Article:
Chinese enamels reflected perception of European culture
NEW YORK — Few cultures are immune to fascination with “the other,” and Europeans were definitely “the other” in the minds of generations of Chinese artists. They were keenly interested in foreigners and Western art styles and motifs, and created gorgeous enameled objects – some copper, some porcelain – featuring European scenes and portraits. Chinese artists made canvases out of snuff bottles, teapots, vases, plates, ewers, goblets and more, polychrome-enameling them with images of Europeans clad in fancy dress and shown performing everyday activities or starring in whimsical scenes. Unsurprisingly, such pieces were dubbed “European subject” or “European portrait” wares. They were made for the imperial court as well as domestic and export markets.
Chinese enamel production and artistry was at a high point during the Ming dynasty and continued well into the Qing dynasty and through the Qianlong empire. The fall of Constantinople to the Ottoman Empire in May 1453 was a watershed moment that prompted a flood of Western immigration into China and ushered in this era.
Canton and Beijing were centers of enamel production in China, and many enamel wares are often lumped together under the general term “Canton enamel.” Although painted enamel techniques were brought East from France — having been developed and perfected in Limoges in the late 1400s — the techniques used by Chinese artists were very similar to their European roots rather than customized to fit traditional Asian art styles. Instituto Cultural in Macau, China, notes on its website that the era of these enamels was fairly short-lived, and by 1795, the final year of the Qianlong empire, production commissions were dwindling.
Enamel objects from China boast strikingly innovative and detailed compositions as well as bold uses of color, such as multi-tonal swatches of blue that can range from a dark navy to a pale azure. The best examples demonstrate the artist’s use of techniques such as shading, especially on faces, and linear perspective, including the Western tradition of using a vanishing point in landscape compositions. Works that reflect the high artistic standards of the Qianlong period can be seen in enameling that is precisely but delicately rendered. Such items can bring upwards of $50,000, while most examples today bring several thousand dollars each.
According to the website of Jorge Welsh, a gallery with outposts in London and Lisbon that specializes in Chinese porcelain, it is hard to date exactly when enamel production began in China. It seems likely, however, that high quality pieces were not made prior to 1718, given that few examples are seen in famille verte. “The vast majority of Chinese painted enamels on copper are decorated in the famille rose palette identified with the Yongzheng and Qianlong periods,” the gallery writes.
Early European traders and Jesuit missionaries often brought books or pictures to Chinese artists to emulate. Common European subjects appearing on enameled objects were frequently modeled after popular Western paintings and prints. Artists drew inspiration from literature, myths, and history, among other sources. Figures are often pictured outdoors in situations that range from courting scenes to children playing to people interacting with animals.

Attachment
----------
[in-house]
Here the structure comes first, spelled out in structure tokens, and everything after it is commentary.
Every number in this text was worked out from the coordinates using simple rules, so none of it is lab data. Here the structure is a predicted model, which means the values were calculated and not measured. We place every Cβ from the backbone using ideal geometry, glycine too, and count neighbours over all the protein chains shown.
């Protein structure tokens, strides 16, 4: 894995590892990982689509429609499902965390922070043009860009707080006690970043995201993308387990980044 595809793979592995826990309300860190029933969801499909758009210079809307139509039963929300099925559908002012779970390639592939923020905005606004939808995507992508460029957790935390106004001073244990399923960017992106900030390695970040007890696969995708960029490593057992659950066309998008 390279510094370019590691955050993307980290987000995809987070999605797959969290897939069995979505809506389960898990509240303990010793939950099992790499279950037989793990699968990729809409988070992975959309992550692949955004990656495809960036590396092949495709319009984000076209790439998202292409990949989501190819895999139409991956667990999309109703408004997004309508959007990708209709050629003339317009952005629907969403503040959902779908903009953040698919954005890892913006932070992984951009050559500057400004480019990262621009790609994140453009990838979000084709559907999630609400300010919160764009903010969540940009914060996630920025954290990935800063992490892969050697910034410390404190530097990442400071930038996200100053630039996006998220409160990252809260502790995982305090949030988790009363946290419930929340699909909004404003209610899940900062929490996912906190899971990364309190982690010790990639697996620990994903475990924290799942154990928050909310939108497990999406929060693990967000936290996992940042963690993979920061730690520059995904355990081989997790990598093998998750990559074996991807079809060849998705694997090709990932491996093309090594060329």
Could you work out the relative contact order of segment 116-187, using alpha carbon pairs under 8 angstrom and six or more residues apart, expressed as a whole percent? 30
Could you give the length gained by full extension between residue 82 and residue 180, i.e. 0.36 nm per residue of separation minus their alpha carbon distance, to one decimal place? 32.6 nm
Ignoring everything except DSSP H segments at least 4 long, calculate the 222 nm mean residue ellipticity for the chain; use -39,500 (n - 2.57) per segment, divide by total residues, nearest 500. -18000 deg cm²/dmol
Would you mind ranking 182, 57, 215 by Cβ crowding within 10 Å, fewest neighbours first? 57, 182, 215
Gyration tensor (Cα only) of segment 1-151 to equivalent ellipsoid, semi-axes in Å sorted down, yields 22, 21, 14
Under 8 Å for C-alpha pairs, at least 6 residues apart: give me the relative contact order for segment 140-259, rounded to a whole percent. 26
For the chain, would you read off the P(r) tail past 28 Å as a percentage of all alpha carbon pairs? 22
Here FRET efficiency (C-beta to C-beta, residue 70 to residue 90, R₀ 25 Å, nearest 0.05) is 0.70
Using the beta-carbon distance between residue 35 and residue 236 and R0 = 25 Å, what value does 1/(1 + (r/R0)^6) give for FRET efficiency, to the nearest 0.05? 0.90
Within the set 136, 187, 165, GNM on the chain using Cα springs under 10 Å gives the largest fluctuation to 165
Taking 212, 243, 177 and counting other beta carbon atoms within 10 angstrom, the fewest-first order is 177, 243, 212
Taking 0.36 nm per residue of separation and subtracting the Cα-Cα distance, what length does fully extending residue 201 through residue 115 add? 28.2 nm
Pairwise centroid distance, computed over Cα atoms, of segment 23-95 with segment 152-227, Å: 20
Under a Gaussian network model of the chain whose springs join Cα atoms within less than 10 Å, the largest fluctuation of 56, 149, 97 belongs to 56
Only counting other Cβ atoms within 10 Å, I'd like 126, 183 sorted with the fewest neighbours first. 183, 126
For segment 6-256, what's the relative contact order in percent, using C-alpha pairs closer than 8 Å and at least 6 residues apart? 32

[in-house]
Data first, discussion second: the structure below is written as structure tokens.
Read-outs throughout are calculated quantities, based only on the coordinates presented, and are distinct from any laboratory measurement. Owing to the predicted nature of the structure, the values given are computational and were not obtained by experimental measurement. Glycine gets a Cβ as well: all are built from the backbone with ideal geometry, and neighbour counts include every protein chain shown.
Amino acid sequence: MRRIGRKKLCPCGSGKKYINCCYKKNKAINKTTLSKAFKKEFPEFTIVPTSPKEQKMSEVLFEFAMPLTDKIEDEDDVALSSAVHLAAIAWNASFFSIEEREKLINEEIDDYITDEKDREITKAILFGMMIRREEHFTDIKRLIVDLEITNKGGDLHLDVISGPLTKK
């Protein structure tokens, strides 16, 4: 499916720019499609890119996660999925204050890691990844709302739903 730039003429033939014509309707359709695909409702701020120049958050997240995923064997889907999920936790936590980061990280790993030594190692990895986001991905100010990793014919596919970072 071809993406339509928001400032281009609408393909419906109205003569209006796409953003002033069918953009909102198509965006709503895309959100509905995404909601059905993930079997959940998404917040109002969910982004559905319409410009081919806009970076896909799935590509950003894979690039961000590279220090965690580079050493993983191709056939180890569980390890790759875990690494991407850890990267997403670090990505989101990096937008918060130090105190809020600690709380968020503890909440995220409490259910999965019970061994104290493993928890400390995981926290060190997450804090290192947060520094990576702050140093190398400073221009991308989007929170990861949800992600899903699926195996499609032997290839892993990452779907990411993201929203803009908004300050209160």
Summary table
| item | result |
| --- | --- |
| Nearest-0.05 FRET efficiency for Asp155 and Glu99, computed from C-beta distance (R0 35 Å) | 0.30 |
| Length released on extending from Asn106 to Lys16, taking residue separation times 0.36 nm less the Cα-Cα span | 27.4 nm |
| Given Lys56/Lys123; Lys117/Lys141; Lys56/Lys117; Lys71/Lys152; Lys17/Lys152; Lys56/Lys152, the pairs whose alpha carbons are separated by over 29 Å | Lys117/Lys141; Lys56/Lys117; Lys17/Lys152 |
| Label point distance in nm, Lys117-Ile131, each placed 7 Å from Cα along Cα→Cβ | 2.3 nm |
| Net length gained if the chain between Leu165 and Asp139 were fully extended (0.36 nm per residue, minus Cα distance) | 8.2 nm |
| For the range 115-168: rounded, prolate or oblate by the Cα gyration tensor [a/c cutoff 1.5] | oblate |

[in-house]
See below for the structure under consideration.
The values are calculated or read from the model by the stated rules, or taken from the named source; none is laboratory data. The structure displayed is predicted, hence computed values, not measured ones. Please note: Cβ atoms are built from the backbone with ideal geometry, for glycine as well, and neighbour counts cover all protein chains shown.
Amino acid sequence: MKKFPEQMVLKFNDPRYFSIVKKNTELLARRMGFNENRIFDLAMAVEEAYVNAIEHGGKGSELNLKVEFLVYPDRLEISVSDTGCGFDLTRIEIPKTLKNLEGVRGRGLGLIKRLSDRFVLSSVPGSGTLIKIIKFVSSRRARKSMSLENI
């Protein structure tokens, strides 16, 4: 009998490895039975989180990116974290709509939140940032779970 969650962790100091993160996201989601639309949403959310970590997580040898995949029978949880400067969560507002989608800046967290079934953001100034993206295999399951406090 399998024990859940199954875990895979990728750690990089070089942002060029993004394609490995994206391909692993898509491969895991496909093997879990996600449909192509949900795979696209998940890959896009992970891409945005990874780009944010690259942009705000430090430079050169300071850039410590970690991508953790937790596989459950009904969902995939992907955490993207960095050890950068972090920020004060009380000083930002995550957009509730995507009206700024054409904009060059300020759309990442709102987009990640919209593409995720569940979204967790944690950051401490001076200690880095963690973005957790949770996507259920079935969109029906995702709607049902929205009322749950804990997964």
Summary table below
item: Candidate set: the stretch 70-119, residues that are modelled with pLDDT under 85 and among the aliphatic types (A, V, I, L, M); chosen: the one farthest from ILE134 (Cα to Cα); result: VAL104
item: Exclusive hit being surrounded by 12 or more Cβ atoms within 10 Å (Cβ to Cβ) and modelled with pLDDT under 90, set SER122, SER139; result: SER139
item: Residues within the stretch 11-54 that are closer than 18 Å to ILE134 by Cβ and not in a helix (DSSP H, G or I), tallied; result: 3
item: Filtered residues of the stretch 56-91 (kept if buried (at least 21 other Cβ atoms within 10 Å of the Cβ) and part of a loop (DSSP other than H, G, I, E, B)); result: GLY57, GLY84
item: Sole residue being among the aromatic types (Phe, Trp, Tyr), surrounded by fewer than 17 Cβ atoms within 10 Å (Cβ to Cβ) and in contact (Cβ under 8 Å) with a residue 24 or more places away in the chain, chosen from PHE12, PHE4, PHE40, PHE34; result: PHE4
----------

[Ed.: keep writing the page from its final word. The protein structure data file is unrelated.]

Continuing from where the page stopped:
A Canton enamel “European subject” snuff bottle dating to 1735-1796 and featuring a four-character Qianlong mark and period sold in March 2021 for €4,500 (or $5,293) plus the buyer’s premium, at Galerie Zacke in Vienna. Its highly detailed scene with fine enameling on both sides portrays Europeans training dogs in a serene landscape, and the neck and shoulders feature an exuberant floral border.
A fine Canton enamel vase with yellow ground, decorated with two panels of well-dressed European ladies and a small child relaxing outdoors, brought $3,330 plus the buyer’s premium in June 2017 at John Nicholson Auctioneers.
Beijing or imperial enamel is also desirable to collectors. A finely painted Beijing enamel yellow ground snuff bottle, picturing a Western mother and child, earned $3,764 plus the buyer’s premium in December 2019 at Carlo Bonte Auctions.
The high point in the LiveAuctioneers price results database belongs to a Beijing enamel snuff bottle with a detailed European portrait that made $70,000 in September 2014 at Sun Auction NY. More recently, the standout price of $22,000 was achieved in June 2017 at Tremont Auctions by a garlic mouth famille rose porcelain vase decorated with European figures in a landscape, along with a poem and artists seals. Both prices quoted are not inclusive of the buyer’s premium.
Other forms of Chinese enamel include cloisonne and champleve. While they are unquestionably desirable to collectors, the East-meet-West style of decoration represented by Canton or Beijing enamel stands alone as a testament to the way one culture views another.
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